Surviving the Holidays in Good Spirits!
- by Dr. Christina Richardson
I know when I am gripped by depression because it takes so much energy to just move. I can lose my ability and willingness to do anything. I can feel like I am moving through thick mud just to get through the day. I get cranky, sleep more than I should and am short tempered. I also feel that I'm no good to anyone and a failure.
Hugh Prather, the author of “Love and Courage” nailed me when he wrote, “No matter how good things get, my capacity to make myself unhappy is always equal to it.”
Mind, Body, Spirit
So many get the holiday blues and it is every bit as real as what I experience. Winston Churchill suffered from depression, which he referred to as the “Black Dog.” Mine is more like “The Hound of the Baskervilles,” of Sherlock Holmes fame. When that hound howls, I go into survival mode.
I talk to my friends and tell them that the hound has returned; I eat complete nourishing meals and exercise. I get enough sleep and say no when I am not up to participating. I have had years of coping and usually I can work my way out in a week or so.
All of us have an internal landscape that is imbedded in our memory, so the sights and smells, sounds and routines of the season can in an instant return us to our childhood.
If things aren’t going well due to family conflict, a death in the family, breakups, divorce, loneliness, stress at work or money issues, the holidays can be a nightmare.
The risk factors to holiday depression are setting up unrealistic expectations, trying to do too much, not taking care of yourself, and comparing yourself with others. Most families do not have the TV perfect holiday they would like to have or that they remember from their childhood.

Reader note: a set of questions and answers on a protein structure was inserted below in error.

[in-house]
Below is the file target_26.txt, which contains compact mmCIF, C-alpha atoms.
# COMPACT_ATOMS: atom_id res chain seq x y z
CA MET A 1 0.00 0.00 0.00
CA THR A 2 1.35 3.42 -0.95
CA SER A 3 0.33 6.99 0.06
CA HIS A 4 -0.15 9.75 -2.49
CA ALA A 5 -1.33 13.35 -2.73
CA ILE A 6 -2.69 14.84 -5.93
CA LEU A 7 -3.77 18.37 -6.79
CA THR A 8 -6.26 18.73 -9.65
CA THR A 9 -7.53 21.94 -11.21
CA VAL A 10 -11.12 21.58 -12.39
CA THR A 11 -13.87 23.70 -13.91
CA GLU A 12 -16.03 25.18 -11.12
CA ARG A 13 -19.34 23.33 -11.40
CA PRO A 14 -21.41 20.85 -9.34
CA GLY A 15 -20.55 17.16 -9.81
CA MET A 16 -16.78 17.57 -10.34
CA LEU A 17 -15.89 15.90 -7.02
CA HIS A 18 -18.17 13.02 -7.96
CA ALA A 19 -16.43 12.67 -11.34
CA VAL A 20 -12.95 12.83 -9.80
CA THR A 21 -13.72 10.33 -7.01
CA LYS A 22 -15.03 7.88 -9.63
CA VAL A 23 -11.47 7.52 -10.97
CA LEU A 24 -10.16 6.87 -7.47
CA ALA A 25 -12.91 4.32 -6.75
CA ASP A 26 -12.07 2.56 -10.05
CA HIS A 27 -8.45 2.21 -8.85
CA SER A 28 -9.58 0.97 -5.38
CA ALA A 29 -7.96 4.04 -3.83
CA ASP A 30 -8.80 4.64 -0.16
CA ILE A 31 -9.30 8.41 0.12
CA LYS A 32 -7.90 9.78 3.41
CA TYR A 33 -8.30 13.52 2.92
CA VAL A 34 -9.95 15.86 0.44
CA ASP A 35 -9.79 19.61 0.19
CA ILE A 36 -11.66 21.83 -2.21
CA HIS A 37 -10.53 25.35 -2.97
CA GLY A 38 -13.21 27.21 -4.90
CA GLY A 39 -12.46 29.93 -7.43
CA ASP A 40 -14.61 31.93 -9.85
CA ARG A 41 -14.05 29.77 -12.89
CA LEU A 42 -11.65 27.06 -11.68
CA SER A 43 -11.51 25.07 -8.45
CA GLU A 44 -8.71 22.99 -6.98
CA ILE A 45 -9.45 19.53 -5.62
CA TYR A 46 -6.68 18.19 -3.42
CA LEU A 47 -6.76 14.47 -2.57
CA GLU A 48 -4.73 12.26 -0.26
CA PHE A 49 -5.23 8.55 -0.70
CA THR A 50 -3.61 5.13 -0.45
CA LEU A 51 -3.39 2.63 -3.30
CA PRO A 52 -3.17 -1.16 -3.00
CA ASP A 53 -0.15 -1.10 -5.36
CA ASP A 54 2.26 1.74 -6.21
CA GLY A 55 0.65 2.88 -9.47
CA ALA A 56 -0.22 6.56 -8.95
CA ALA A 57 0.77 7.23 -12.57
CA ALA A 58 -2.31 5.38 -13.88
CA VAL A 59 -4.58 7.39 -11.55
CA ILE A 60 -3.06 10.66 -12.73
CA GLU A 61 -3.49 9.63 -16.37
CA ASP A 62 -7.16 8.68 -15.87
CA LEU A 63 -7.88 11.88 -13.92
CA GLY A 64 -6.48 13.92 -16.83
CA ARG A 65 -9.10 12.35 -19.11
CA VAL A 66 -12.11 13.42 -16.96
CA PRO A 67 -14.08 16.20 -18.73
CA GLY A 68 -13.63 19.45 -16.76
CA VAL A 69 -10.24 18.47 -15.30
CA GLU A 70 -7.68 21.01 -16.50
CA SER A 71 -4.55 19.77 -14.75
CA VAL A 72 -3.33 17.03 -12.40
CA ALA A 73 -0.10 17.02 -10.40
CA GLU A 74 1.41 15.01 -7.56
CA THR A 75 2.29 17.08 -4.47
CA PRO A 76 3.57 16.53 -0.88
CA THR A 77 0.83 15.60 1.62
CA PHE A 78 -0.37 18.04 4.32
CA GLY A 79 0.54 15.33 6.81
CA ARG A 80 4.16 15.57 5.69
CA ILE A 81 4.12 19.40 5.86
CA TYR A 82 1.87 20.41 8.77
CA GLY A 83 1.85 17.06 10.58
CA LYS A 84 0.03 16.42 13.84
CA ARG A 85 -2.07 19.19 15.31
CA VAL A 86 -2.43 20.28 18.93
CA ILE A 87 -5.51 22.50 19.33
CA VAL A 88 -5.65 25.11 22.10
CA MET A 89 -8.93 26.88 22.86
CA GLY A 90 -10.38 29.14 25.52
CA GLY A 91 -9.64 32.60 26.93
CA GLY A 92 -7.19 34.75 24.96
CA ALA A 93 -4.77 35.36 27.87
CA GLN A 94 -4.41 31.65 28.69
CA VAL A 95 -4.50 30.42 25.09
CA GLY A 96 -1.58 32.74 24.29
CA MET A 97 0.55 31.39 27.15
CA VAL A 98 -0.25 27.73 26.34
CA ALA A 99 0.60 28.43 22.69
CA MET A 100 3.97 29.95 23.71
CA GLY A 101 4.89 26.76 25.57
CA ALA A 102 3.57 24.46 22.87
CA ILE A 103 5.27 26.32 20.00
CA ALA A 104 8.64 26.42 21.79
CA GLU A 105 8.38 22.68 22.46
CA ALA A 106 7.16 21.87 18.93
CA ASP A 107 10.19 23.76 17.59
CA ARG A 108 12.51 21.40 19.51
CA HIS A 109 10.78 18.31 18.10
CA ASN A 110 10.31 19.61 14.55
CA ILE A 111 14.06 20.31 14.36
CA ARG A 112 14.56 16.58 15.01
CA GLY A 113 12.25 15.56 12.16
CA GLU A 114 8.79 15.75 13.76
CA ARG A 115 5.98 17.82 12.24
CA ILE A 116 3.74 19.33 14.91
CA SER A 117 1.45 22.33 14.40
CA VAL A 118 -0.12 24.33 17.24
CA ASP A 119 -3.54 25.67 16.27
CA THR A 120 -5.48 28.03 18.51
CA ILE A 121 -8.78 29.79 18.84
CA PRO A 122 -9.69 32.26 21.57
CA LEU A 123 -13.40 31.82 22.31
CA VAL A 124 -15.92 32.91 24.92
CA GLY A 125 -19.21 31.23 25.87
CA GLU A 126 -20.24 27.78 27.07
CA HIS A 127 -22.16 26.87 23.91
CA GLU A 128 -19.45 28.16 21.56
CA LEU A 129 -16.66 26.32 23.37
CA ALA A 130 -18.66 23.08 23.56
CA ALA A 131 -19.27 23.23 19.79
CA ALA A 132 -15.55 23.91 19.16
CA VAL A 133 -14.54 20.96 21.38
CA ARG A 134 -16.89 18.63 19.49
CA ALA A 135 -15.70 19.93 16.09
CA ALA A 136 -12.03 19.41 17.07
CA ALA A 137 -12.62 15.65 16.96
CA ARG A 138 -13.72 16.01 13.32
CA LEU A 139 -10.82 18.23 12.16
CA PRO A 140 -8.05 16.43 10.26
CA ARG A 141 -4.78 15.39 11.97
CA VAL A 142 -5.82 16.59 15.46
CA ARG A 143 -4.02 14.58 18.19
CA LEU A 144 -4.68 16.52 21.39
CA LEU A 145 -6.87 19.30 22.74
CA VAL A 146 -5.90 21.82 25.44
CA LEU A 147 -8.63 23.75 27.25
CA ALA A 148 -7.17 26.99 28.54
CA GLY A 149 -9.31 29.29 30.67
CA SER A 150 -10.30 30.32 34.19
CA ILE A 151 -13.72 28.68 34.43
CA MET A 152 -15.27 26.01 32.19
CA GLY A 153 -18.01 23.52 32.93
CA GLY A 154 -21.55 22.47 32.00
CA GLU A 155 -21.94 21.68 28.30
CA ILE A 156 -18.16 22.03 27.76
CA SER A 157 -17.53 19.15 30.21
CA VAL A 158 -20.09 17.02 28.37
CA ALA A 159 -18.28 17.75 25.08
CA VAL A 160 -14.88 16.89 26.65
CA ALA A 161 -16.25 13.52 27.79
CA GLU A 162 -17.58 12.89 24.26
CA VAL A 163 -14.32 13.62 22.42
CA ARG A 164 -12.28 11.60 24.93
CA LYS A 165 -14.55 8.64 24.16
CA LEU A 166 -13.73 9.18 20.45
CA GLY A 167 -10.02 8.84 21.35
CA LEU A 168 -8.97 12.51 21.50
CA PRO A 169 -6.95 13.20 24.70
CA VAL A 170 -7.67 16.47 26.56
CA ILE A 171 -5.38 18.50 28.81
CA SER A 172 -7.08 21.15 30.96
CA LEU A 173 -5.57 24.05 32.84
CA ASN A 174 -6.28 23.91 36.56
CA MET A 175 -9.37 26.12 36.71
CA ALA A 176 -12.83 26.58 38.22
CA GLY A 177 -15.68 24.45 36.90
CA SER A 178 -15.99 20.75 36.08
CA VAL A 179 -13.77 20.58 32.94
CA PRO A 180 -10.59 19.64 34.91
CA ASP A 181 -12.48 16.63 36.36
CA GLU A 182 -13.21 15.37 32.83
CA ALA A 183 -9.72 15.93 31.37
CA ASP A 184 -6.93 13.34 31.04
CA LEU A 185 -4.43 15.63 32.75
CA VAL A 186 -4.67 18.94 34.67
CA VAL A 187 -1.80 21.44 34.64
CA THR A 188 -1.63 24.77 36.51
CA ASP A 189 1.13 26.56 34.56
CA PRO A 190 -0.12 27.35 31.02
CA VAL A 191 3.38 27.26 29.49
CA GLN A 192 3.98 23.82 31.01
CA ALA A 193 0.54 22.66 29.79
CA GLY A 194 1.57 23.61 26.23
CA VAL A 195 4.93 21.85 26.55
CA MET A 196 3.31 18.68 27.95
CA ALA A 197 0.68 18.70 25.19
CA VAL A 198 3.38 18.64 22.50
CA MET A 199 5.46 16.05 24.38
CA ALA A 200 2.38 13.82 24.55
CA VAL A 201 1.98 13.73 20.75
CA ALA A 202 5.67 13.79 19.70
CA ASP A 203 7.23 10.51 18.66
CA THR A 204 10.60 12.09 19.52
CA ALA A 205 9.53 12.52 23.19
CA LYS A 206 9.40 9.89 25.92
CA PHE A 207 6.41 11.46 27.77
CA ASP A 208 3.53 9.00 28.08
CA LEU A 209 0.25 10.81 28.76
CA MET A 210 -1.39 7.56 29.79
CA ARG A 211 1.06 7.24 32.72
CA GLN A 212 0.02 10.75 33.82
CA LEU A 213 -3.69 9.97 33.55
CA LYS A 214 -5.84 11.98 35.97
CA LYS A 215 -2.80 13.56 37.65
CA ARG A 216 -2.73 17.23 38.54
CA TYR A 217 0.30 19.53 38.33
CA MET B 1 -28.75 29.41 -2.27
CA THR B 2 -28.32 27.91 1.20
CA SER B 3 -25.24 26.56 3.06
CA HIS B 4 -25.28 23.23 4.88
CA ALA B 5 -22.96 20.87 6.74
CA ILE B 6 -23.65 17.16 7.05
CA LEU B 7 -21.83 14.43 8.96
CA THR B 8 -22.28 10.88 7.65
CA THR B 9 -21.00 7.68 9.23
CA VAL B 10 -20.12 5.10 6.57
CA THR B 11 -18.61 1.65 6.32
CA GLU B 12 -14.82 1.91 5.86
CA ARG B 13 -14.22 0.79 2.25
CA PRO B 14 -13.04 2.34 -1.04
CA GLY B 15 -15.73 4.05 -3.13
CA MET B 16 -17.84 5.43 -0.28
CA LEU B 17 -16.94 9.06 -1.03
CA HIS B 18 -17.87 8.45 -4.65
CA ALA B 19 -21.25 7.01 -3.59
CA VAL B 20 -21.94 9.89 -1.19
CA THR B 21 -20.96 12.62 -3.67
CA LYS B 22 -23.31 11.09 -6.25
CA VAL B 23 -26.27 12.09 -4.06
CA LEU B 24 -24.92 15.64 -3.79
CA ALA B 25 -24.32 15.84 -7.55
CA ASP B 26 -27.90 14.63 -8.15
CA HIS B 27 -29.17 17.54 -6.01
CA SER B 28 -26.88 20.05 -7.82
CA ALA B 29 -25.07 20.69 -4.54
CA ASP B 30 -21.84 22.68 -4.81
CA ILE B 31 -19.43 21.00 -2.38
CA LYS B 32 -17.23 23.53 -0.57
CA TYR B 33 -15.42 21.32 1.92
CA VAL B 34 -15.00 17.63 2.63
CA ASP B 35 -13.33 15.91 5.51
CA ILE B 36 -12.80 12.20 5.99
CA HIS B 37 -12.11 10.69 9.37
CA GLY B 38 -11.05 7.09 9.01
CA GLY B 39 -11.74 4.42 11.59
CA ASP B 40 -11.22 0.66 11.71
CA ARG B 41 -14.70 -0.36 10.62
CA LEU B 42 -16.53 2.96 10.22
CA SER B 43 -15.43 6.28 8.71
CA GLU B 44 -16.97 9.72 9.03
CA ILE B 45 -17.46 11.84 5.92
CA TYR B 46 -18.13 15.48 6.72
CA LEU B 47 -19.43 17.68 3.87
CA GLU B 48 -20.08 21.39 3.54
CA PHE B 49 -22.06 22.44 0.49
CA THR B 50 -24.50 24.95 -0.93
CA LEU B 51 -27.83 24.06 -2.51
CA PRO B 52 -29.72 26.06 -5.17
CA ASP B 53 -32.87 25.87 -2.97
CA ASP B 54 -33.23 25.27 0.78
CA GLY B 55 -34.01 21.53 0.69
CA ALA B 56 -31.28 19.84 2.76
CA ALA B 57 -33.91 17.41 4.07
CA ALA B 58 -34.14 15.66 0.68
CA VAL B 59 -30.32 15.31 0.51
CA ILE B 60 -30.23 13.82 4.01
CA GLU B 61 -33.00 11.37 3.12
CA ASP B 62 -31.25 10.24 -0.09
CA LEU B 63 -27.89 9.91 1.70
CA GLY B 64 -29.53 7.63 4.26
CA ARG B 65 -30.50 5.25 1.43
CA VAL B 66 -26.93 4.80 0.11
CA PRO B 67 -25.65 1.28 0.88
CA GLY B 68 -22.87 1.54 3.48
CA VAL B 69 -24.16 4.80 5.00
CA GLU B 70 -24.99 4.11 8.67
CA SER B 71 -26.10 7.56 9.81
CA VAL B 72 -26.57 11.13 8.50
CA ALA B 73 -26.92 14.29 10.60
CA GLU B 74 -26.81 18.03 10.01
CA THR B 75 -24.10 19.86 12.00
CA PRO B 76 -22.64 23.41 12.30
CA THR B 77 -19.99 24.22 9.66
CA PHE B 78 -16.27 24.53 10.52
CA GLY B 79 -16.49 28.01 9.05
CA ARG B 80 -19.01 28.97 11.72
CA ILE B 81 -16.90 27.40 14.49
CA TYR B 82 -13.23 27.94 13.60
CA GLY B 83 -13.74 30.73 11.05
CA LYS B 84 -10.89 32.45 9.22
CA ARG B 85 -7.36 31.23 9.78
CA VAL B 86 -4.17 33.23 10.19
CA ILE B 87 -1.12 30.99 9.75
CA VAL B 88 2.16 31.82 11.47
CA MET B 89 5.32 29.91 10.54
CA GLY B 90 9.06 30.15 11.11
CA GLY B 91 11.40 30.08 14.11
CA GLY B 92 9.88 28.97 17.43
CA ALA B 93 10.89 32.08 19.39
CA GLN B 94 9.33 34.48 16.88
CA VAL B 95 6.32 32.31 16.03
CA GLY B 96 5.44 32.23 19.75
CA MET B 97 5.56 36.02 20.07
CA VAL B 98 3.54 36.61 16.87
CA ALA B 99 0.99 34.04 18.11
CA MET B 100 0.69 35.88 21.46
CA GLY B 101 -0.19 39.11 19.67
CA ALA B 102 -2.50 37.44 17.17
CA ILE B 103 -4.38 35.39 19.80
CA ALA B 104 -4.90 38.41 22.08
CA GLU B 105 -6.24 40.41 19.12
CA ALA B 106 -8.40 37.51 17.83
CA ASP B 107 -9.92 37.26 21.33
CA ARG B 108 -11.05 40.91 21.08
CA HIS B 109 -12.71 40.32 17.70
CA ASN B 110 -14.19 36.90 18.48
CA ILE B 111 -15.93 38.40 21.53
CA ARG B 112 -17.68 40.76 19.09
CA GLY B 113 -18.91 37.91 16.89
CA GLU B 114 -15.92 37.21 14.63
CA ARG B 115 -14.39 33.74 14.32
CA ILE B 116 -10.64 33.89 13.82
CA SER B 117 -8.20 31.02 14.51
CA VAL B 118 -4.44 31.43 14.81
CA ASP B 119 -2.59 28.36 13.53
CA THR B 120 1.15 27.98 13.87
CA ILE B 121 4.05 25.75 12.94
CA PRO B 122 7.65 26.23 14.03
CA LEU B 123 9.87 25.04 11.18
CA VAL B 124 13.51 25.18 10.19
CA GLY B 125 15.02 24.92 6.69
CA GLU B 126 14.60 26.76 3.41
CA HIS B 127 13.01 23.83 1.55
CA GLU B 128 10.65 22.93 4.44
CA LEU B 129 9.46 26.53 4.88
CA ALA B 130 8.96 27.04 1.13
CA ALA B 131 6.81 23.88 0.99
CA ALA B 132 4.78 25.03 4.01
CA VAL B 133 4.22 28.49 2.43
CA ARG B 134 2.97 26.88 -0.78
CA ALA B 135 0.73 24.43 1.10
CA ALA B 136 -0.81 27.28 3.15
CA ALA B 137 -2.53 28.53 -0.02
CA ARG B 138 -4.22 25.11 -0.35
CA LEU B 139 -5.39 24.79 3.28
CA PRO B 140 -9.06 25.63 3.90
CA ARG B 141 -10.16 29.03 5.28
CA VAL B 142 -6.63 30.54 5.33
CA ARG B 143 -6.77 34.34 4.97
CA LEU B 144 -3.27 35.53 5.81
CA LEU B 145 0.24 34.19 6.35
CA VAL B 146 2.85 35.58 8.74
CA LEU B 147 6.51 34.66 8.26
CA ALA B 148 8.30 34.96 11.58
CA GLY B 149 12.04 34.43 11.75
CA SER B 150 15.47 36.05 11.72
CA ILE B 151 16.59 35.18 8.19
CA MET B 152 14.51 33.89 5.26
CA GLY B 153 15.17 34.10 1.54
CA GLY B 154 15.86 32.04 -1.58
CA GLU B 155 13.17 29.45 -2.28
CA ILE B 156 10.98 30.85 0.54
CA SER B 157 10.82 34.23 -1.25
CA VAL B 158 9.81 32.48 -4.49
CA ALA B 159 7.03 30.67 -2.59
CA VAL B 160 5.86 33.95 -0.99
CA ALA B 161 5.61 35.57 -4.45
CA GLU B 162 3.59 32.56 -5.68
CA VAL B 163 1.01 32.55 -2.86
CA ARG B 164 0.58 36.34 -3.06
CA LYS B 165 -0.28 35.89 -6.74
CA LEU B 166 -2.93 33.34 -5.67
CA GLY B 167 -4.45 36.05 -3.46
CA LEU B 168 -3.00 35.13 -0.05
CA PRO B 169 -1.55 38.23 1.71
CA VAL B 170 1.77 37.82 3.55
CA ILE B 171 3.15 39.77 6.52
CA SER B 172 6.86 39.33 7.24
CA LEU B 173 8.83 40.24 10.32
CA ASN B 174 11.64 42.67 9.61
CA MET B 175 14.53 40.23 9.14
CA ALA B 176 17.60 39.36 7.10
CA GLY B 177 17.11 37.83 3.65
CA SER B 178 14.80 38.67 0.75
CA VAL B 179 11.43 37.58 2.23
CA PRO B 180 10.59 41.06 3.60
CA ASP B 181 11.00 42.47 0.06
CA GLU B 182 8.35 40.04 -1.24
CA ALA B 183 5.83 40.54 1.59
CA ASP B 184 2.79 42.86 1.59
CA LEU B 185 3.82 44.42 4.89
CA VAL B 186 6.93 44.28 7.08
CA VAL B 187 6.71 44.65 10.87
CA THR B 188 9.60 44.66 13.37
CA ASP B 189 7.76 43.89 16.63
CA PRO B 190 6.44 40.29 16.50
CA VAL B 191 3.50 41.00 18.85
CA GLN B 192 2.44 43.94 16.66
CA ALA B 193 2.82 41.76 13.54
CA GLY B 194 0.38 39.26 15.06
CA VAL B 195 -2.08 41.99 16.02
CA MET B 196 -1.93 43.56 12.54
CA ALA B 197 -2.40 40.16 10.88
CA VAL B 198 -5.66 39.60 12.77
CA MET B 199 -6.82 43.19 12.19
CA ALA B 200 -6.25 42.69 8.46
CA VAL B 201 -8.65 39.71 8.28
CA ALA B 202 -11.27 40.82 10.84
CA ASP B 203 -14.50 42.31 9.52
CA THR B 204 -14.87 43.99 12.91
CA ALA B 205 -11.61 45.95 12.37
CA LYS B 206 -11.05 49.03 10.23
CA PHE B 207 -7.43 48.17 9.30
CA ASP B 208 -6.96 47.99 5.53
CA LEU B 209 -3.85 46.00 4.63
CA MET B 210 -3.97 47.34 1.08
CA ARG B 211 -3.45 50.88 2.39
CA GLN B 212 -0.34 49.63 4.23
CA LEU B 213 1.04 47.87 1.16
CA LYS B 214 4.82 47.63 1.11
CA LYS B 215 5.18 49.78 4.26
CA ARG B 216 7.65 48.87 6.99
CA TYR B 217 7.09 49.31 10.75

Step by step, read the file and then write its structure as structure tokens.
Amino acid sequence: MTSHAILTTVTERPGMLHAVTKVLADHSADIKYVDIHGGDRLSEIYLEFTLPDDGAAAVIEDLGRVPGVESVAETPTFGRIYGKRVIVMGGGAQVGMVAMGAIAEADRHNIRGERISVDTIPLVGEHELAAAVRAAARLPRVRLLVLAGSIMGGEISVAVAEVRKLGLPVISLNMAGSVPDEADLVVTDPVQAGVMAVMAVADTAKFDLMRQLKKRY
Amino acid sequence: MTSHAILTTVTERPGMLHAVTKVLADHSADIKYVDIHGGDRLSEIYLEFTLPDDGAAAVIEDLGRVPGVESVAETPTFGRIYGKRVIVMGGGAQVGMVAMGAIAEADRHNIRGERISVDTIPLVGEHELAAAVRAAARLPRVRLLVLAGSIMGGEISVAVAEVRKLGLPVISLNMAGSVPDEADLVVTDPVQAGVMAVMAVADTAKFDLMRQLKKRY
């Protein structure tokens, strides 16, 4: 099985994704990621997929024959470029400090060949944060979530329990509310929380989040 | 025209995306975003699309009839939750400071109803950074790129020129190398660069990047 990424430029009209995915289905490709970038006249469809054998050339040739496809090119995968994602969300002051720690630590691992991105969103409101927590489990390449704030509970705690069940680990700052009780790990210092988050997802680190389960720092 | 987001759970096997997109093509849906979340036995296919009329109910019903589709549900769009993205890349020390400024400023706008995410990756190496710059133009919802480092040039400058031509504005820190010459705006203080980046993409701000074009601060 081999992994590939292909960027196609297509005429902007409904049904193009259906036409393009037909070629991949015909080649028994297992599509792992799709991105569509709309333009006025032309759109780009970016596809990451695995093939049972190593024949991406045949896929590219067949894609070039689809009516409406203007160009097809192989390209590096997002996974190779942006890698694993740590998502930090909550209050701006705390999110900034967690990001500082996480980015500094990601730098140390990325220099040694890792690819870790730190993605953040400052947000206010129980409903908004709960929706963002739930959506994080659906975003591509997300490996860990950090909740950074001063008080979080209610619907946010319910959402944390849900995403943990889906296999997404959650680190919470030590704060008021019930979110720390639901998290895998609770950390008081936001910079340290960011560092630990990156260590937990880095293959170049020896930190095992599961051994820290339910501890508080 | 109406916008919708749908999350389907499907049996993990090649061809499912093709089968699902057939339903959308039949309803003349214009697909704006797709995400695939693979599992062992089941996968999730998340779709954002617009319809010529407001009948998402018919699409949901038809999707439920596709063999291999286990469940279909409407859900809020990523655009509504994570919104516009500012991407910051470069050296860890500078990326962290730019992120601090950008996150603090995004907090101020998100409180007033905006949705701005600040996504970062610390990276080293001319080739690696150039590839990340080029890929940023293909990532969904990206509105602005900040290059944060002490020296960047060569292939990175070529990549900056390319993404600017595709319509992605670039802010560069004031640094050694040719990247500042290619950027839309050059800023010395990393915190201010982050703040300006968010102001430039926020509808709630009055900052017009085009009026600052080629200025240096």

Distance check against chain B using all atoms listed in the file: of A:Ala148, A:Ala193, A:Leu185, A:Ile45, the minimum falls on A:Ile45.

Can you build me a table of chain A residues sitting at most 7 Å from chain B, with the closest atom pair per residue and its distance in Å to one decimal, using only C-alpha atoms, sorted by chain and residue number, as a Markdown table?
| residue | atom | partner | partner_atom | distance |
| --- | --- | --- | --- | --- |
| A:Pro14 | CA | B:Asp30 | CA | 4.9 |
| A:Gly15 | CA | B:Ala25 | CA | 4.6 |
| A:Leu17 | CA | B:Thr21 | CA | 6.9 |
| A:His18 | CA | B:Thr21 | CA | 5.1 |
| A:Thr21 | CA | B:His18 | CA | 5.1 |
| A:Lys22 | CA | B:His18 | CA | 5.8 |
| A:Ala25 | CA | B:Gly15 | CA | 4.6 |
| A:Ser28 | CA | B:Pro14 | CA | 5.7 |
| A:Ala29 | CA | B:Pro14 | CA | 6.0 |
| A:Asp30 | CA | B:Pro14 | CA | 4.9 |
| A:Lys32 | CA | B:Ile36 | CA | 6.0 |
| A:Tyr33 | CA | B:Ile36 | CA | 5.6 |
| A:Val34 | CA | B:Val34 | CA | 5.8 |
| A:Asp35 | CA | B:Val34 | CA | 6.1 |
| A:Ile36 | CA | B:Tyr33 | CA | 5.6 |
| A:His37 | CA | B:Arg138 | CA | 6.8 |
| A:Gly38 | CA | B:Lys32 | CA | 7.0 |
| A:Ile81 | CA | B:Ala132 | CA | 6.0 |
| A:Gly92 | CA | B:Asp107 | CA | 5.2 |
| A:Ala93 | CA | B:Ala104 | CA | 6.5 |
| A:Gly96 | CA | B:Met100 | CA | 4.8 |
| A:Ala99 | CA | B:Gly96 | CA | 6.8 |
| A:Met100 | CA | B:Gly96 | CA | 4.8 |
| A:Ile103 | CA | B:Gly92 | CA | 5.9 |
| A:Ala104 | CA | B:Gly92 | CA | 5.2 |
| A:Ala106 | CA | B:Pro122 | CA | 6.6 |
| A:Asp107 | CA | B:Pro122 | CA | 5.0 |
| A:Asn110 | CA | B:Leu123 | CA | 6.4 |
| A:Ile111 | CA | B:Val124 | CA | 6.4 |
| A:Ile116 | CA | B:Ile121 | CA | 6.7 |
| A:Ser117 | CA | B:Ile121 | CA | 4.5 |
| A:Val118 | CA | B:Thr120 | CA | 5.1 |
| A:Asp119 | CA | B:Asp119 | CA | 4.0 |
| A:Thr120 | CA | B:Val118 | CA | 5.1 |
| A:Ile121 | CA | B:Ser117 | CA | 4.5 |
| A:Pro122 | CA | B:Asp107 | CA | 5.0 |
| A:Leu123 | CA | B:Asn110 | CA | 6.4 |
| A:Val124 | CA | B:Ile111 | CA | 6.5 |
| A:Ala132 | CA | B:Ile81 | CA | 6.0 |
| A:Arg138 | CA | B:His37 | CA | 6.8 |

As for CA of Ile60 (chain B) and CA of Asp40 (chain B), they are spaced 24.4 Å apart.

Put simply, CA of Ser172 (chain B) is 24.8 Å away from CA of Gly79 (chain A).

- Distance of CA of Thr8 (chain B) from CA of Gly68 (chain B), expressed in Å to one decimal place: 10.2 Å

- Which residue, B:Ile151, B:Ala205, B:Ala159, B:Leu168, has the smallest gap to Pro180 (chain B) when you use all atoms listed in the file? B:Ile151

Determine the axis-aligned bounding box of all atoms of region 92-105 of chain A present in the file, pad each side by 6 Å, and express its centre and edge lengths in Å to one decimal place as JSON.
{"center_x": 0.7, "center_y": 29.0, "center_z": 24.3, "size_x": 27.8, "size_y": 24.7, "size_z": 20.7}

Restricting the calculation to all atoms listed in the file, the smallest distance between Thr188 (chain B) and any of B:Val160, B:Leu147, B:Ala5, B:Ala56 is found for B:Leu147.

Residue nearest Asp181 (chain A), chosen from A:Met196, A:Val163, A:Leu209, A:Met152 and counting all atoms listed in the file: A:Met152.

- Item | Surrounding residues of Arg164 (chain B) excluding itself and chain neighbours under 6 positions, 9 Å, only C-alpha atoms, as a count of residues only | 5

Be good to you.
How is it that when we are with family over holidays we revert to teenagers and pick up the arguing as if we were still thirteen? We may fight with our siblings or remember all the hurts we have ever experienced. Try to treat yourself: take a walk and spend some time alone. Remember who you are now and that you have new gifts to bring to the celebration.
Say no. If you are asked to do more that you can or are not up to, say "no, thank you" or "thanks for asking, but you'll need to delegate someone else." Accept that perfection is not a requirement for enjoying the season. If decorating like a designer is your forté, go for it. If you are like me, you'll wish you could hang things from the ceiling out of reach of the pets.
Be realistic and keep your sense of humor. Focus on this year instead of the past. Create new traditions and just enjoy the people you are with. Remember what Erma Bombeck said: “Holiday dinners take about 18 hours to prepare. They are consumed in 12 minutes. Halftime takes 12 minutes. This is no coincidence.”
Stay connected. Spend time with family and friends who care about you. In this holiday season of Christmas, Kwanzaa, and Chanukah, may you be with family and friends who love you.